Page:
Which Should I Choose?
Deciding on the right pair of sunglasses can be tough, particularly if you’re considering polarized versus non-polarized lenses. This guide will help you to understand the difference between the two, which choice is best for you, and how to tell whether or not your sunglasses are actually polarized. The main thing to consider when you’re making your decision is what you are going to be doing when you're wearing them.
Polarized sunglasses are specially designed to reduce the effect of glare and the intensi-ty of light. Glare is a problem anytime light reflects off of a surface and disturbs your vision. There are two types of glare: discomfort glare, which causes the viewer to look away from the bright object and disability glare, which is so luminous that it causes temporary blindness. Both types of glare can be dangerous causing accidents and sometimes even retinal damage. Re-flective surfaces such as water and snow are commonly known to produce excessive glare, but perhaps the most often experienced danger posed by glare is for drivers blinded by light reflect-ing off of passing cars.
How do they work?
When our eyes take in light it usually comes from all directions, but when a reflective sur-face is introduced at a particular angle its luminance intensifies causing glare. Most of the sur-faces that make glare problematic for viewers are positioned at a horizontal angle from our viewpoint and therefore reflect light horizontally. Polarized lenses work by restricting the pas-sage of horizontal light. They are designed with a special chemical film that filters horizontal light to make objects with a lot of luminance appear normal.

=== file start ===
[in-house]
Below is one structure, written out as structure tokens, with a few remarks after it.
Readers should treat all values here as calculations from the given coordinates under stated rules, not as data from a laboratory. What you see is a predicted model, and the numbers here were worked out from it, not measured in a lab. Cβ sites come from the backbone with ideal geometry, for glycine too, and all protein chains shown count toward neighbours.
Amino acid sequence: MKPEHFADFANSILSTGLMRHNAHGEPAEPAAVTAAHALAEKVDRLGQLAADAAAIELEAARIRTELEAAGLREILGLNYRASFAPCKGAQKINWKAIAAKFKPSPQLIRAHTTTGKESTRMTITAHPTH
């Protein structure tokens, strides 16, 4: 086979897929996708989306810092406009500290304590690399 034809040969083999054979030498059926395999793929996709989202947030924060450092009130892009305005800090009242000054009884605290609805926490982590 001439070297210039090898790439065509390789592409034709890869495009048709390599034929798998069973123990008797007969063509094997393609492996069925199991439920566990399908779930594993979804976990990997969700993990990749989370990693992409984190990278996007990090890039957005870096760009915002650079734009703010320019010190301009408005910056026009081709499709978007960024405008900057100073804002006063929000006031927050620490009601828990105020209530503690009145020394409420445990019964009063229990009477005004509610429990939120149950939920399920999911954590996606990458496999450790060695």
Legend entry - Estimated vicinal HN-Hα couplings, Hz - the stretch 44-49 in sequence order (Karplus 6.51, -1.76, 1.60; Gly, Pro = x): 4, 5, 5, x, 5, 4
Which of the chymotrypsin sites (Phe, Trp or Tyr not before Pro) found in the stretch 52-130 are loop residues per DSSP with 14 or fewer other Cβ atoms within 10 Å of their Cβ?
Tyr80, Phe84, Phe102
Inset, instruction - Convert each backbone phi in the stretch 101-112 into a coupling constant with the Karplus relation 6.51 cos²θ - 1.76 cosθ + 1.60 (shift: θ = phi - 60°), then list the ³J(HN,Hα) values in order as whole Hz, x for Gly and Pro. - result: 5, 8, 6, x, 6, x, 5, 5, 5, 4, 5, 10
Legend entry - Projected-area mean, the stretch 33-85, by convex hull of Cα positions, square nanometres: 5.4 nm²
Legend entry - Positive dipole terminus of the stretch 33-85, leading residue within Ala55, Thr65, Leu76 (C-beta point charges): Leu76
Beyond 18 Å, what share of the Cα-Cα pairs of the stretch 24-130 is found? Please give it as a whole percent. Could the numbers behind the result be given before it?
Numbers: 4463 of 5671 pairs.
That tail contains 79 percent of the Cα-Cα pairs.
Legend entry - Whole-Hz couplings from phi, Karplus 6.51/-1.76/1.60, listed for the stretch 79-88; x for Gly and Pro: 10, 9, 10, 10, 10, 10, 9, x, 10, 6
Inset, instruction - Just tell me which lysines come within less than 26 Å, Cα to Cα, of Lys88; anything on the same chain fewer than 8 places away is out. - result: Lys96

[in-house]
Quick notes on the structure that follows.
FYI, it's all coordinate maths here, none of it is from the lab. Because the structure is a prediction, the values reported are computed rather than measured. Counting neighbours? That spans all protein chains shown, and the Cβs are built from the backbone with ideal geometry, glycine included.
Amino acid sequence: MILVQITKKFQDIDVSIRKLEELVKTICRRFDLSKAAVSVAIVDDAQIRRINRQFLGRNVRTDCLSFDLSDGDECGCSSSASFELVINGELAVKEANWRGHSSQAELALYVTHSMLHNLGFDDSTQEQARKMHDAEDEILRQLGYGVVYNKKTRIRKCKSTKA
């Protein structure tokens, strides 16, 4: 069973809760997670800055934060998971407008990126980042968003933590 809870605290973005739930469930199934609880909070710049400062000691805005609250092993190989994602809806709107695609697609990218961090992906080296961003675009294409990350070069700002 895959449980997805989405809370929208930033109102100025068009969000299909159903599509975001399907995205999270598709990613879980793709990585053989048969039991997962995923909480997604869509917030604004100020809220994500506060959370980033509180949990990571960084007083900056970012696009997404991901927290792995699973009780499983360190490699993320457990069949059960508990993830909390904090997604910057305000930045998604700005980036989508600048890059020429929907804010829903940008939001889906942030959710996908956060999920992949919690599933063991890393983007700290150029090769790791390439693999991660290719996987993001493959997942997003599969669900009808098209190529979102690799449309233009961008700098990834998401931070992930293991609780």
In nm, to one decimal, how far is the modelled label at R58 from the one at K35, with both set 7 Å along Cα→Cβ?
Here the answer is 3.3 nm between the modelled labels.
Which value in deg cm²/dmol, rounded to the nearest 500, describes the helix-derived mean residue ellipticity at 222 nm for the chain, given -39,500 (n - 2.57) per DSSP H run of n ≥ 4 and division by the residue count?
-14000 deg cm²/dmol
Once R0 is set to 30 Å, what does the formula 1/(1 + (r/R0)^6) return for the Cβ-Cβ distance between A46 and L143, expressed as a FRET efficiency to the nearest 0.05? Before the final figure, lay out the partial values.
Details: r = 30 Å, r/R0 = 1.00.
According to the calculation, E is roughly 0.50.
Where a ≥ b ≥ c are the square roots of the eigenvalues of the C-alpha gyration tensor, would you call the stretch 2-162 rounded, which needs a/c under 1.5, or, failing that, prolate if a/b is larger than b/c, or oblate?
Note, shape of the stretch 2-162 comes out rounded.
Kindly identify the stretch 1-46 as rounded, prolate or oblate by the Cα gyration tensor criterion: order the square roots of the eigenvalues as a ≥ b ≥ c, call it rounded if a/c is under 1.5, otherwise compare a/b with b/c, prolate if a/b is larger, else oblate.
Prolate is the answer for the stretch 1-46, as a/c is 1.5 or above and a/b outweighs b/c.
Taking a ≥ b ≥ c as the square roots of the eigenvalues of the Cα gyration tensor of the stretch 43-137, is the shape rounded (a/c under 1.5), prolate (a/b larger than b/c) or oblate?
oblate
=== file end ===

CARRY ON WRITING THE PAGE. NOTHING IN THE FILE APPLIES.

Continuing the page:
Who are they for?
Polarized sunglasses are popular amongst outdoor sports enthusiasts, but they also of-fer many advantages for everyday use. Anyone participating in outdoor activities near water or snow will benefit from polarized lenses. It is recommended that drivers use polarized lenses in sunny weather as glare can be produced from light reflecting off of the road or passing cars. People with sensitive eyes may even prefer to wear polarized sunglasses for daily use and in-doors as light can cause glare reflecting off of many surfaces such as glass windows or doors.
How to tell if you’re lenses are polarized:
Keep in mind that not all sunglasses advertised as polarized are actually made with the special lens to filter horizontal light. Without this uniquely treated lens, the sunglasses will not effectively reduce glare. It’s important to be sure to purchase polarized sunglasses from a legit-imate vendor. You can also test the sunglasses yourself by holding them to a reflective surface and then slowly rotating the sunglasses vertically. As you rotate the glasses, the glare should reduce if the lenses are polarized. Similarly, you can hold the glasses to a computer screen and rotate them slowly to see the polarized lenses darken as they are rotated. Non-polarized sun-glasses will not change.
Unlike polarized sunglasses that provide an extra filter for horizontally reflected light, non-polarized sunglasses filter light from all angles equally. These lenses are designed to min-imize the brightness of light altogether. Without glare, non-polarized sunglasses should be suf-ficient to protect your eyes from the sunlight if the lenses are properly designed for UV protec-tion. It’s always a good idea to ask the vendor to be sure since many sunglasses are being sold without UV protection lenses, which do not properly protect your eyes.
Who are they for?
In some cases, non-polarized sunglasses are preferable. Polarized lenses filter horizon-tal light regardless of the source, which may make it difficult to see luminescent objects like computer screens. If you need to spend a lot of time on a computer or iPhone while you are wearing sunglasses, non-polarized sunglasses may be a better choice. For this reason, many pilots often prefer non-polarized sunglasses.
It’s always worth it to invest in a good pair of sunglasses! Well designed sunglasses will protect your eyes from bright light and retinal damage. Now that you know which type of lens will work best for you, have fun trying on different styles and materials! Check out my other arti-cles for tips on which designs will look best on you and why you should choose bamboo frames!